CRIT signs short-term Colorado River drought plan at Hoover Dam

A delegation from the Colorado River Indian Tribes in Parker went to Hoover Dam Monday to sign a short-term drought plan that will better manage the available water in the southwestern United States.

The landmark deal will likely prevent the Colorado River reservoirs from being depleted for the next few years, and involved seven western states and the federal government. The river, which supplies water for more than 40 million people, is governed by a series of laws hammered out over the last century of population growth. But more water is allocated than is really available, which means that hard decisions are needed to manage the available water.

CRIT’s water is special in at least two ways. First, it is a ‘senior’ water right, which means that most other entities would be cut before CRIT would. Second, it represents water that actually flows through the CRIT reservation, rather than rights to water that may not exist in reality. This makes it a valuable asset in times of scarcity.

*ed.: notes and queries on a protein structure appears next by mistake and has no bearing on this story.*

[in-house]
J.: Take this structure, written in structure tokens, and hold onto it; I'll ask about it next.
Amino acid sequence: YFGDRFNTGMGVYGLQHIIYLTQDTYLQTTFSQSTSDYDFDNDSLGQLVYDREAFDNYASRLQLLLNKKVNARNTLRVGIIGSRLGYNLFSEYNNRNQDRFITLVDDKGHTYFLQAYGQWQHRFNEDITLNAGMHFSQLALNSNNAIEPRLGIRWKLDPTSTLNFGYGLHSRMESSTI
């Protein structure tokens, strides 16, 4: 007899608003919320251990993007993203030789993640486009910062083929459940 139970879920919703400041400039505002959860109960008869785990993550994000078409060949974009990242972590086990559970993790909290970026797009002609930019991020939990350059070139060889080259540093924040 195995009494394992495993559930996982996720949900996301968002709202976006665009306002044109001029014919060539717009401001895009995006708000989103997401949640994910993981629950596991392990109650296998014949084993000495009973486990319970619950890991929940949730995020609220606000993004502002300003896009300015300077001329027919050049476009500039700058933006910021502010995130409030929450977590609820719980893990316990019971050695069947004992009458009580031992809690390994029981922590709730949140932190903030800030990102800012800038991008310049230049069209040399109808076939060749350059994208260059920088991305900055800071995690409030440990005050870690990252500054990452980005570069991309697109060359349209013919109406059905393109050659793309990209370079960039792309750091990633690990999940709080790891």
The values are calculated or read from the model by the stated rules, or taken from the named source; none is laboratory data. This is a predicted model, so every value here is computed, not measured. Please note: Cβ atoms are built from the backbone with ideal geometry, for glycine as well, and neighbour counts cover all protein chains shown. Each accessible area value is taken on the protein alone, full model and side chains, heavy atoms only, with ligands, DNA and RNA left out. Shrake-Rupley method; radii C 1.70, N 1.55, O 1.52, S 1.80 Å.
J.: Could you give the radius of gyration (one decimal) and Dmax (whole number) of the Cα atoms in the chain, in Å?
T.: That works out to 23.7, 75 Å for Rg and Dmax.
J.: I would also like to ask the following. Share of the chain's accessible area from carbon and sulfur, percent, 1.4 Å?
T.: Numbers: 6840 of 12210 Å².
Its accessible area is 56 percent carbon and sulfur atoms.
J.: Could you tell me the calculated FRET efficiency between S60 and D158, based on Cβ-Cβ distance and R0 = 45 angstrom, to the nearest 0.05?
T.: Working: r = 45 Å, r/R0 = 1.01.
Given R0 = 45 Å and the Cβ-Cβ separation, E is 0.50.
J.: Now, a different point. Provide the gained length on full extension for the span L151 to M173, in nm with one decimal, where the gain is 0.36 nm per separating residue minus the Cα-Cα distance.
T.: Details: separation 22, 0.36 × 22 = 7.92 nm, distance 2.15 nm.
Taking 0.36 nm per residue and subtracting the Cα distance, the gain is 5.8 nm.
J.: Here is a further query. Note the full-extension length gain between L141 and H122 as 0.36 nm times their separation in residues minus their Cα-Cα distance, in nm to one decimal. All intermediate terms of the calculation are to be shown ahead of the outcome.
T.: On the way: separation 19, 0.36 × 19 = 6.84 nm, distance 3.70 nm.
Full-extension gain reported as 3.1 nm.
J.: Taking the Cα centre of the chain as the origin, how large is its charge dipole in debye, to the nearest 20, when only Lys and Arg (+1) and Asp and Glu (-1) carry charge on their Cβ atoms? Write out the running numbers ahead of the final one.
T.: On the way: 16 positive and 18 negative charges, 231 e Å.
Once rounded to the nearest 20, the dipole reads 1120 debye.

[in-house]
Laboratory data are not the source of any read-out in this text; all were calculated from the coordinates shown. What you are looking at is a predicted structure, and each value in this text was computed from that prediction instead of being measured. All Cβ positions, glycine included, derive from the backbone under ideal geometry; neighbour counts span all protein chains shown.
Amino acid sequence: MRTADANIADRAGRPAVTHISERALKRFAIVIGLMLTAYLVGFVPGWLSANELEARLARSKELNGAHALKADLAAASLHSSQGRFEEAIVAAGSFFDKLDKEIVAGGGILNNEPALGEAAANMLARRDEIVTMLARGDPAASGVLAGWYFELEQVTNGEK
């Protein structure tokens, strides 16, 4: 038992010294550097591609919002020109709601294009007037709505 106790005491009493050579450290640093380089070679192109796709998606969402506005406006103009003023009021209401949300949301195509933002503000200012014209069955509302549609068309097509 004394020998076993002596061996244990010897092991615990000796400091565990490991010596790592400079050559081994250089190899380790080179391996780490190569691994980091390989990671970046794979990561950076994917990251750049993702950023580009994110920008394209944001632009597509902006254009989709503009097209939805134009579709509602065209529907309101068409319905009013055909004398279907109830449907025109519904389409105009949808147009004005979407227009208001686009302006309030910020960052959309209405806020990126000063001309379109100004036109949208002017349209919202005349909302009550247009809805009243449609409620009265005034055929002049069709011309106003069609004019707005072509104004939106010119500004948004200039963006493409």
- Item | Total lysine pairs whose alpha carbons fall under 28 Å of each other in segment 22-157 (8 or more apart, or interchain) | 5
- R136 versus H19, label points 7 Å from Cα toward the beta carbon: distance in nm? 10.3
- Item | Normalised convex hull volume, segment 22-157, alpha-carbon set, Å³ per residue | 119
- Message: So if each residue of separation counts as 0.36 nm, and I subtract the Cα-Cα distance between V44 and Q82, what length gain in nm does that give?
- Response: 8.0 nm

CRIT Tribal Council Chairman Dennis Patch was at Hoover Dam on Monday to sign the deal on behalf of the Tribes.

“These are historic times for CRIT and the State of Arizona as we work side by side with the federal government to combat the current water crisis,” Patch said. “CRIT is not only protecting its water rights, it is setting an example for the rest of the state in terms of conservation and cooperation. The agreement is a critical first step for protecting the life of the river. CRIT’s contribution is especially important because it represents real water as opposed to water that exists on paper. Standing here at Hoover Dam and looking at the lower water levels serves as a stark reminder of the need for this agreement.”

The current water level at Lake Mead is 1,088 feet above sea level, which is around 13 feet higher than the threshold that would trigger a shortage declaration. Recent projections show that a shortage declaration is unlikely in 2020. So, that level of crisis is averted, but more work is needed to secure enough water long-term.

One comment

  1. Ambrose Buford

    Good thirsty

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